Less well known outside of China than rival Alibaba, JD.com is closely allied with Walmart and Google and planning to enter the U.S. market this year. It could use its ties to Chinese factories to under-price Amazon.

Franklin Chu, managing director, Azoya USA

Franklin Chu, managing director, Azoya International

In mid-June, e-commerce powerhouseJD.com’s annual 618 festival generated nearly $25 billion in gross merchandise value, just shy of the record set by Alibaba’s Singles’ Day last November. Yet few people outside of China have heard of 618 or JD.com, despite the company generating more revenue every year than Alibaba.

Google’s recent $550 million investment in JD.com this June made headlines, as it represents the latest addition to JD.com’s borderless retail alliance, which includes players like Baidu, Tencent, Vipshop, and Walmart. With these partnerships, JD.com has amassed a significant arsenal with which to take on Alibaba and, potentially, Amazon in a bid for global e-commerce dominance.

JD.com’s Asset-Heavy Model vs. Alibaba’s Asset-Light Model

JD.com’s business model is inherently different from Alibaba’s Tmall and Taobao marketplaces. That’s because JD.com’s asset-heavy business model places an emphasis on direct retailing, in-house logistics, and highly dedicated customer service operations. By contrast, Alibaba has primarily relied on an asset-light marketplace model, leveraging technology and third-party logistics partners to help merchants sell and deliver to consumers.

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With JD.com planning to expand to the U.S. market this year, Walmart could play a crucial role in helping JD.com enter America.

In short, JD.com is primarily an online, direct retailer that buys and sells products, whereas Alibaba is primarily a platform for third-party sellers, though the two have branched into each other’s domain over the last several years. JD.com operates nearly 500 warehouses around the country and employs a workforce of over 150,000 employees. By doing everything in-house, it gains more control and can guarantee a better customer experience.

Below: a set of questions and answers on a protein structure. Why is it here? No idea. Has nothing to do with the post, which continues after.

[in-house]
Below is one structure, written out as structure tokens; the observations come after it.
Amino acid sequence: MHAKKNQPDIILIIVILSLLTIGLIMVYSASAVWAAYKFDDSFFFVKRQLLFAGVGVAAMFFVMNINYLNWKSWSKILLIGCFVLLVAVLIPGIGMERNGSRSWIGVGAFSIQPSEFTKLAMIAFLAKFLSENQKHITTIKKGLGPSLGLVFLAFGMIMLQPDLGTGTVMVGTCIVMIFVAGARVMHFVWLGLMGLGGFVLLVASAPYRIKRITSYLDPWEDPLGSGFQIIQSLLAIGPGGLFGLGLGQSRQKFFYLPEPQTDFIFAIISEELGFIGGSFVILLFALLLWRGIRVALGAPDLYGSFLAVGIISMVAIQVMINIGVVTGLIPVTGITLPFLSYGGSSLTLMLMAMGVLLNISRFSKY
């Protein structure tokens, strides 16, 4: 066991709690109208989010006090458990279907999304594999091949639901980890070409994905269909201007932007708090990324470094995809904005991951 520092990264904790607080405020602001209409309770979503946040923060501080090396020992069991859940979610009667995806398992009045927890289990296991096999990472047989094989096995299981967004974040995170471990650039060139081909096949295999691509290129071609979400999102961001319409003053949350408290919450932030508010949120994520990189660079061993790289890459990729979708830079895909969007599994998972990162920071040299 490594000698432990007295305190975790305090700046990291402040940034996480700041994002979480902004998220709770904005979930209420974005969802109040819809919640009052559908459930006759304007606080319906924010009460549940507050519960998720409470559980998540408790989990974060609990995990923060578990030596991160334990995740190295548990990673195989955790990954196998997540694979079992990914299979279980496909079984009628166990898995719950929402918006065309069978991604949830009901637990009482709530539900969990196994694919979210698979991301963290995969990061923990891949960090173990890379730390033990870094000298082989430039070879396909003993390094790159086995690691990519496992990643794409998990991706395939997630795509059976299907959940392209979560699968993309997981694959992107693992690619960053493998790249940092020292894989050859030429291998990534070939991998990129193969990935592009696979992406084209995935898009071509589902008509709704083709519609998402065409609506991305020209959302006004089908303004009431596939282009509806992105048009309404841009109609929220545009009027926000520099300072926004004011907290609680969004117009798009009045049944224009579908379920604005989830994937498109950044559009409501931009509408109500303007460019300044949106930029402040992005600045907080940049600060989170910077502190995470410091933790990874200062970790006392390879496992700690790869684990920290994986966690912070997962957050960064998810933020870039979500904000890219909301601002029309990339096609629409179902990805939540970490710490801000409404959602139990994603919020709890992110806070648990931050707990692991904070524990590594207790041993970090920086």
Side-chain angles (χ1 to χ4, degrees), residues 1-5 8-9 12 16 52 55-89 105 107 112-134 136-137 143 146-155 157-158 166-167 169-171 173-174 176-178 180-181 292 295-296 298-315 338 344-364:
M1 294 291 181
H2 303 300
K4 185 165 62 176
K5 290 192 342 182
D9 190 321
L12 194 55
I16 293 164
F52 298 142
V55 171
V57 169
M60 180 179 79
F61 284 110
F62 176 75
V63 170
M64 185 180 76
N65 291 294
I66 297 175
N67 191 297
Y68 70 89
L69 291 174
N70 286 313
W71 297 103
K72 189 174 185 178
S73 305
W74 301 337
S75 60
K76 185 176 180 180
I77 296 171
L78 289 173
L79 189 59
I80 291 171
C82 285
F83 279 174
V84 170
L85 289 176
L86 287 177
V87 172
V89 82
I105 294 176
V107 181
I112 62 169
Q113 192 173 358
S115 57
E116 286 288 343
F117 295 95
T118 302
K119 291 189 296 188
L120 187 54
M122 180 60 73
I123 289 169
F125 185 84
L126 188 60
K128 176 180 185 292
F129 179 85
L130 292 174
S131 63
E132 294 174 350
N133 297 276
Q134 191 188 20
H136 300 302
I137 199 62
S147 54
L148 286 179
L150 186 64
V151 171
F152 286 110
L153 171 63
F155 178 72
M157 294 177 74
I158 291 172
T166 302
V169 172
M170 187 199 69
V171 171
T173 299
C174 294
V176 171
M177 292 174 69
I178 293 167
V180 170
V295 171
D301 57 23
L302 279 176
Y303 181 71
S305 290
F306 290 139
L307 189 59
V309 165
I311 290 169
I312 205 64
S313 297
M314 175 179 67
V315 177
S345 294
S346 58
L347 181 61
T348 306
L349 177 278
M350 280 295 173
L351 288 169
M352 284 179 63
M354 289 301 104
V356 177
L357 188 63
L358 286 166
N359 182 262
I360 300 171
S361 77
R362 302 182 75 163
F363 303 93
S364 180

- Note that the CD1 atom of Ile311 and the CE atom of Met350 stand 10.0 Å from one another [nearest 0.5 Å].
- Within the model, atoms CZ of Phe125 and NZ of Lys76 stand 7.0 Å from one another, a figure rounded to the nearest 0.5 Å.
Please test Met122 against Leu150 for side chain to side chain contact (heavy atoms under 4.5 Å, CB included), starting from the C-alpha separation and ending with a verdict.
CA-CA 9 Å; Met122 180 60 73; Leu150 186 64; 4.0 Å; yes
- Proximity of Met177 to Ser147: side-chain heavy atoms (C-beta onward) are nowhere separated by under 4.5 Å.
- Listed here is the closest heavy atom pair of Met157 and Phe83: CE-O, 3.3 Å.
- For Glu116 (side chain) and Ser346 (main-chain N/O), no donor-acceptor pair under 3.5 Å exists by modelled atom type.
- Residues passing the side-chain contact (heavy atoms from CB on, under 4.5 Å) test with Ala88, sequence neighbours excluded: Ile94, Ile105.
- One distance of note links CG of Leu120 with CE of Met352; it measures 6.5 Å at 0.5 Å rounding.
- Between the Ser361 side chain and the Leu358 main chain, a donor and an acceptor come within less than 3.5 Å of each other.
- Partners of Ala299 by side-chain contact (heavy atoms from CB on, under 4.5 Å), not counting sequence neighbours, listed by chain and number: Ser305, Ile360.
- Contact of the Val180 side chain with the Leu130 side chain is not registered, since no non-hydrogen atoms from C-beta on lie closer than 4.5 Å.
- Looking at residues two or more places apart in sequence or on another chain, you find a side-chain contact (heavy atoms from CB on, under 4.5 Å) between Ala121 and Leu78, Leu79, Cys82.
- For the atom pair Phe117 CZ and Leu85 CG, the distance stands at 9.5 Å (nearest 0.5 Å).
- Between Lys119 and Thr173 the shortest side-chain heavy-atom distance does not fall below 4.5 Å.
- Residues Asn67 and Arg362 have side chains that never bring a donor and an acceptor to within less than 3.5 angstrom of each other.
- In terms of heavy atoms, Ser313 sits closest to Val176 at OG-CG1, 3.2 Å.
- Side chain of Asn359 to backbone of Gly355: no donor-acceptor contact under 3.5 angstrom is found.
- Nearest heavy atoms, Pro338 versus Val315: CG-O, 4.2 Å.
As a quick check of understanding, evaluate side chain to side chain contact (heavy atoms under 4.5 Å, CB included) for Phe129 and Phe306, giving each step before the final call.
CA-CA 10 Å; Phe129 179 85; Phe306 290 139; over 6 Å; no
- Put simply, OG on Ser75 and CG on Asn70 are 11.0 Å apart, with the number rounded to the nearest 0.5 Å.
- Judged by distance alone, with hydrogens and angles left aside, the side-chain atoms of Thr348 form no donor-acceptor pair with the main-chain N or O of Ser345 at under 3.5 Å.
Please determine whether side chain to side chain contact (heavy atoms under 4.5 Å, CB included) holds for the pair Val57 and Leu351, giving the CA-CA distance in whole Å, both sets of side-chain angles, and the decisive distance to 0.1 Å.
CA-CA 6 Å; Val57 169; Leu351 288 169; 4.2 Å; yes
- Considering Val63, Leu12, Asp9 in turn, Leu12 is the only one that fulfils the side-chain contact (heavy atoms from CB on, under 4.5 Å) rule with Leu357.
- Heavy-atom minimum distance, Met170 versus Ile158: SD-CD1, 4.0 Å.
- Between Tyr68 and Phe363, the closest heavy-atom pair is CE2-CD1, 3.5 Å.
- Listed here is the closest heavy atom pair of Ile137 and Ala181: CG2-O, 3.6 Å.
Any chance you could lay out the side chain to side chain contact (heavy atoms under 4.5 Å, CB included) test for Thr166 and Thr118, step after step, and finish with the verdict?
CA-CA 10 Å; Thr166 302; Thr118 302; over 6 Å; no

JD.com launched white-glove delivery service Toplife to diversify its business and provide a premium service for VIP customers.

JD.com launched white-glove delivery service Toplife to diversify its business and provide a premium service for VIP customers.

The Borderless Retail Alliance

JD.com’s strong customer experience has helped it grow revenues to $55.7 billion a year, giving it 32.5% market share in China’s highly competitive B2C [business-to-consumer] e-commerce industry and making it the largest online direct retailer in China. To compete with Alibaba, JD.com has enlisted the help of social media giant Tencent, search engine Baidu, and e-commerce competitor Vipshop as part of its borderless retail alliance.

Tencent owns 18% of JD.com’s shares, and partnered with JD.com to invest $864 million in China’s third-largest e-commerce platform, Vipshop, this past December. Walmart owns 10% of JD.com’s shares, and has partnered with it in an array of initiatives since 2016, when it first sold its e-commerce division Yihaodian to JD.com. Despite its limited presence in the China market, Google announced a $550 million investment in JD.com this past June.

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What do these strategic partnerships mean, and how can these players help JD.com in its bid for global e-commerce dominance?

How Google’s Data Gives JD.com a Leg Up

Both Google and Baidu are dominant search engines that have tried to foray into e-commerce in the past, but with little luck. Beyond Google’s $550 million investment, Baidu inked a strategic partnership with JD.com in August 2017.